A woman returns to her Orthodox Jewish community that shunned her for her attraction to a female childhood friend. Once back, their passions reignite as they explore the boundaries of faith and sexuality.
In 1892, after the Borden family welcomes a new Irish maid called Bridget Sullivan (Kristen Stewart), she and Lizzie (Chloë Sevigny) become friends. The friendship between these women becomes something more, even as Lizzie's relationship with her own parents unravels at a frightening level.Written by
Premiered at the 2018 Sundance Film Festival. See more »
The end of the film states that Emma and Lizzie had a rift "soon after" the trial and became estranged, but it was actually 12 years later that Emma separated from Lizzie and moved out of their house forever. No one knows for sure what the rift was about, but it's believed by many that Emma discovered Lizzie really was guilty of the murders. See more »
Watch it for the acting performances from Chloe Sevigny and Kristin Stewart
"Lizzie" (2018 release; 105 min.) is a bio-pic about Lizzie Borden. As the movie opens, we are told it is "August 4, 1892", and we see Lizzie walking around in the garden, and then going into the house, where we hear her scream and the camera shows a heavily mutated slain body. We then go to "6 Months Earlier", as we get to know Bridget, an Irish girl who has gotten work as a maid in the Borden family that is ruled with an iron fist by Lizzie's dad. Lizzie and Bridget strike up an unlikely friendship... To tell you more of the plot would spoil your viewing experience, you'll just have to see for yourself how it all plays out.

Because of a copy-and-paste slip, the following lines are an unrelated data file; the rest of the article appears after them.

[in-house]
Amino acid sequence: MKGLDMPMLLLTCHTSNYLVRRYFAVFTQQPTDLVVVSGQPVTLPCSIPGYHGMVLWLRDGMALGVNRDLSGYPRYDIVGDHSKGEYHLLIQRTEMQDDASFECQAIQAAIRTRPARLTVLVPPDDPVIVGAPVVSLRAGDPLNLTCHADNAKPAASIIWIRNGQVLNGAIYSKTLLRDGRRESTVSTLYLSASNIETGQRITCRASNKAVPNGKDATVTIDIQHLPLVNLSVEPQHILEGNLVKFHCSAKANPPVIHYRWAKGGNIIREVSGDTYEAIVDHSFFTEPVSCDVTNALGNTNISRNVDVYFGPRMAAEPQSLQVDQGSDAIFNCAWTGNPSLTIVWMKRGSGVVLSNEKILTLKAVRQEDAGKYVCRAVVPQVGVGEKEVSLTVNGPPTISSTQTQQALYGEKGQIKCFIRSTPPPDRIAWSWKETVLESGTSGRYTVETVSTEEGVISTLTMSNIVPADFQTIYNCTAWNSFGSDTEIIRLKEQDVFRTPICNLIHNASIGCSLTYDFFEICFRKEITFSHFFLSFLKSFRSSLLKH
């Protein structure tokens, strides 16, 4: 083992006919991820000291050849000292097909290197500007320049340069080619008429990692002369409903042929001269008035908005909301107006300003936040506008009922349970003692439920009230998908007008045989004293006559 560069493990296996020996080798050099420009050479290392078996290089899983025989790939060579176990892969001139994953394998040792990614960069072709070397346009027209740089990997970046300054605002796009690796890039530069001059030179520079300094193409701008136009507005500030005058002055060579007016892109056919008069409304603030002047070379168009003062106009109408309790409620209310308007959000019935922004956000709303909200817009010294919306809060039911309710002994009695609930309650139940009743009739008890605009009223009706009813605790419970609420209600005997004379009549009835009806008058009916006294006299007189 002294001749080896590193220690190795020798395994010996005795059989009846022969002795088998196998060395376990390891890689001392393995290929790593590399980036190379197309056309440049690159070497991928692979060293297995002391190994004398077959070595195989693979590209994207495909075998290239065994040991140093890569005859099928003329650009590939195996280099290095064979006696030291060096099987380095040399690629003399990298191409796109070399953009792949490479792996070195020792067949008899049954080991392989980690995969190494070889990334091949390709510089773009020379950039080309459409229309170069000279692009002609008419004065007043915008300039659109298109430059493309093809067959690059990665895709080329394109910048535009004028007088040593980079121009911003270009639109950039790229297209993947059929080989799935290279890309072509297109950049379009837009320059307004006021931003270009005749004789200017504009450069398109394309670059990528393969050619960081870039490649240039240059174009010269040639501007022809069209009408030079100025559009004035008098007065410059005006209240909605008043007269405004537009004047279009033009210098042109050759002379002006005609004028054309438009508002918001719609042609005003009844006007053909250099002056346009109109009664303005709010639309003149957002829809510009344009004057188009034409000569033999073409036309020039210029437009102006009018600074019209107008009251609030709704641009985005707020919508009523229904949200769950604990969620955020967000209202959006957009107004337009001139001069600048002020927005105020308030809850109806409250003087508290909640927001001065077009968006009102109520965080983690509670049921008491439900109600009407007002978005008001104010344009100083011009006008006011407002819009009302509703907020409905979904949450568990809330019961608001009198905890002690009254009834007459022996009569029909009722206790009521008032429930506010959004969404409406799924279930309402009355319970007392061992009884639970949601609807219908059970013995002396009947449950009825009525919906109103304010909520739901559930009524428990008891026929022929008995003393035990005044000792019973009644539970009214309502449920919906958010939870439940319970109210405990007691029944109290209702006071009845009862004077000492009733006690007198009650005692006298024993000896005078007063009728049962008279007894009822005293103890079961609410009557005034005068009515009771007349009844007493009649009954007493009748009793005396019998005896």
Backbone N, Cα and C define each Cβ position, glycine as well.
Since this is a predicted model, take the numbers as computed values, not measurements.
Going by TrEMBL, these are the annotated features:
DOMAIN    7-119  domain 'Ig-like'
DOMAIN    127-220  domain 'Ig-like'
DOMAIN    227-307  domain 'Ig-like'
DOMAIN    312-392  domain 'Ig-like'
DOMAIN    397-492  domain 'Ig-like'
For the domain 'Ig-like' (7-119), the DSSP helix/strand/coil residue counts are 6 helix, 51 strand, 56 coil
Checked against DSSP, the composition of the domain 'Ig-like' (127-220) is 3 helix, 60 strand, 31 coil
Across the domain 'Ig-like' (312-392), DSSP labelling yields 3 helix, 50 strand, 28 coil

Couple of comments: this is the 2nd feature length from up-and-coming director Craig William Macneill. Here he brings the latest Lizzie Borden movie adaptation (it'e been a TV movie several times over). While this is in a sense a "whodunnit" movie, as we are eager to find out exactly what happened on that August 4, 1892, it really is far more than that: Macneill is interested in showing us the atmosphere within which the Borden family (and maid) were living in. Bware: almost the entire film plays out in the Borden house, so at times this very much has the feeling of a stage play. On top of that, the music is sparse. It all has a bit of a claustrophobic feel to it. But the most important thing the movie has going for it are the terrific performances from the two lead actresses, Chloe Sevigny (who also co-produced) and Kristin Stewart. Yes, Stewart at times uses her patented "pained look", at quite effectively within the circumstances.
"Lizzie" premiered at this year's Sundance film festival, to positive buzz. It finally opened this weekend at my local art-house theater here in Cincinnati, and I couldn't wait to see it. The Sunday early evening screening where I saw this at was attended dismally (3 people, including myself). If you are interested in a decent character study set in the late 19th century and blesses with some wonderful acting performances, I'd readily suggest you check this out, be it in the theater, on VOD, or eventually on DVD/Blu-ray, and draw your own conclusion,
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